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General state of the industry thread.

Discussion in 'Journalism topics only' started by DanOregon, Aug 9, 2019.

  1. Fredrick

    Fredrick Well-Known Member

    I'm a little skeptical they even care. The readers will get used to it. Surely that paper has been shrinking to nothing like all papers. After a few more weeks they'll get used to having no high school coverage and that will be that. There will not be complete coverage online, either. Newspapers are dropping preps fast and furious. Allegedly the pageviews reek and there's nobody around to take the scores and summaries like the old days. Newsside certainly isn't going to assist. The suits don't care. And no way that 9 p.m. deadline will change. Too bad boomers. No soup, I mean no preps for you.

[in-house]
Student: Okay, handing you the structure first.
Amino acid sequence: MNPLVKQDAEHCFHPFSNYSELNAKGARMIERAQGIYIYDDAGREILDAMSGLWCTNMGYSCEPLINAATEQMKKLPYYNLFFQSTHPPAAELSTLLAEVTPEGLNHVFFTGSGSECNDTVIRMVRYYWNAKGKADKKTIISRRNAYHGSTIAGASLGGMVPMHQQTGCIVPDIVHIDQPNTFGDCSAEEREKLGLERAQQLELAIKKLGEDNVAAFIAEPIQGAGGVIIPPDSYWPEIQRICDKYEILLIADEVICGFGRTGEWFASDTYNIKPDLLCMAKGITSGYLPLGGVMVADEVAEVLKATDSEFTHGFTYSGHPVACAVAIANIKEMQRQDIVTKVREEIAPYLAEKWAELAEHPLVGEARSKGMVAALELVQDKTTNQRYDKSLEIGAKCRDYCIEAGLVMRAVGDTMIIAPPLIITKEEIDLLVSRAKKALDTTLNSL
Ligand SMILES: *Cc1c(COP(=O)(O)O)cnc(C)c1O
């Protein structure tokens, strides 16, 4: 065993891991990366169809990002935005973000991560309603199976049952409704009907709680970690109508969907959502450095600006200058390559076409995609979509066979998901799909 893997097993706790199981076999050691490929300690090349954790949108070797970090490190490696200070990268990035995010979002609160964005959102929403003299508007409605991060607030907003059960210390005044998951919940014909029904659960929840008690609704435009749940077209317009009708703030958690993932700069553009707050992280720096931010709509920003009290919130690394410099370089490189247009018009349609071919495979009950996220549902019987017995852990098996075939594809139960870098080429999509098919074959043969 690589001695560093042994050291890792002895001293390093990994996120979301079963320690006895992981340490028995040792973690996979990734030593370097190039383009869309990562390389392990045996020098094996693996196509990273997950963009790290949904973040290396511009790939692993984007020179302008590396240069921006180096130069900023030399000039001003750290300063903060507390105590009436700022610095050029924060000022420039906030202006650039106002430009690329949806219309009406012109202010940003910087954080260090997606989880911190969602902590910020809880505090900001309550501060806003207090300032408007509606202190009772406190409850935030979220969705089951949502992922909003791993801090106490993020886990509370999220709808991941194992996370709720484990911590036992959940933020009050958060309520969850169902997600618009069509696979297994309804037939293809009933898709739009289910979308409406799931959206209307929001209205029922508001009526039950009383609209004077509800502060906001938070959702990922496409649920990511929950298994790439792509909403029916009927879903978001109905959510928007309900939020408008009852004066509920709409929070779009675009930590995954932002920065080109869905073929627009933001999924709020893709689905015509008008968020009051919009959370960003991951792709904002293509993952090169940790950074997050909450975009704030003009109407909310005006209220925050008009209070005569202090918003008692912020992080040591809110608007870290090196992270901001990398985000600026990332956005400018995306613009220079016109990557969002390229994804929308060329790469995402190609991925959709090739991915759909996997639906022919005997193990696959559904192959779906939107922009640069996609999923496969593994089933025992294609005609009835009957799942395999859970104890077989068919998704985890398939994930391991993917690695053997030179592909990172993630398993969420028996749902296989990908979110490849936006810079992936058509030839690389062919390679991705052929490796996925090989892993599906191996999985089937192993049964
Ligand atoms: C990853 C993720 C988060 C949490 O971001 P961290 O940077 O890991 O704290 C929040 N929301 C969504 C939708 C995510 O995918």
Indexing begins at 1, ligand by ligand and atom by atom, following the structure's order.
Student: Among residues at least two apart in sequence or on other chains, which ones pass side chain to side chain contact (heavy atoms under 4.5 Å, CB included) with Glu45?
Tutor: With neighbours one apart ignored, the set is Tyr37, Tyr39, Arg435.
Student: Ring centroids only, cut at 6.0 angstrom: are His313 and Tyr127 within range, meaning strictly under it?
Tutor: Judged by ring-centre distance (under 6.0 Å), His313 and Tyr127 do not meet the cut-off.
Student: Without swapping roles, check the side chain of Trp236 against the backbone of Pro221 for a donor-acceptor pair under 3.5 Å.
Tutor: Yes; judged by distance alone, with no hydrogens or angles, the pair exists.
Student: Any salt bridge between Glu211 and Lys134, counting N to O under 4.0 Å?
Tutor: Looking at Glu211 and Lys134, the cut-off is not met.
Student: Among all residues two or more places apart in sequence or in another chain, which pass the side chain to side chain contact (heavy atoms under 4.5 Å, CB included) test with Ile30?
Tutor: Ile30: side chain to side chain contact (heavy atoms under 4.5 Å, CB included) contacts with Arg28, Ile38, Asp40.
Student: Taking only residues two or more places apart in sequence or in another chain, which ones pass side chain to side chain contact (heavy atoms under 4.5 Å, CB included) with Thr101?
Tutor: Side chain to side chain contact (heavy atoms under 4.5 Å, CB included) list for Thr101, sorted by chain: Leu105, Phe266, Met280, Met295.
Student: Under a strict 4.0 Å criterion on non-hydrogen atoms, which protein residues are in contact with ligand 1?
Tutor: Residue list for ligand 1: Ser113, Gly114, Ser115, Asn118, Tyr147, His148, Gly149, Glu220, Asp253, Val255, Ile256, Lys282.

2. Moderator1

    Moderator1 Moderator Staff Member

    Fuckin' suits
     
    OscarMadison and PCLoadLetter like this.
  3. DanOregon

    DanOregon Well-Known Member

    Really no point to publish on Saturday now.
     
  4. Raven

    Raven Well-Known Member

    Truly. Unless, of course, there is major breaking news. But that can be online only.
     
  5. Writer

    Writer Member

    It's unfortunate where the industry has gone. Very few papers will even have a print edition in 10 years. There also will be very few jobs. It's a sad state for the industry but just means people have to go the PR route.
     
  6. Raven

    Raven Well-Known Member

    People, mainly companies, will pay greatly to keep their image intact.
     
  7. tonygunk

    tonygunk New Member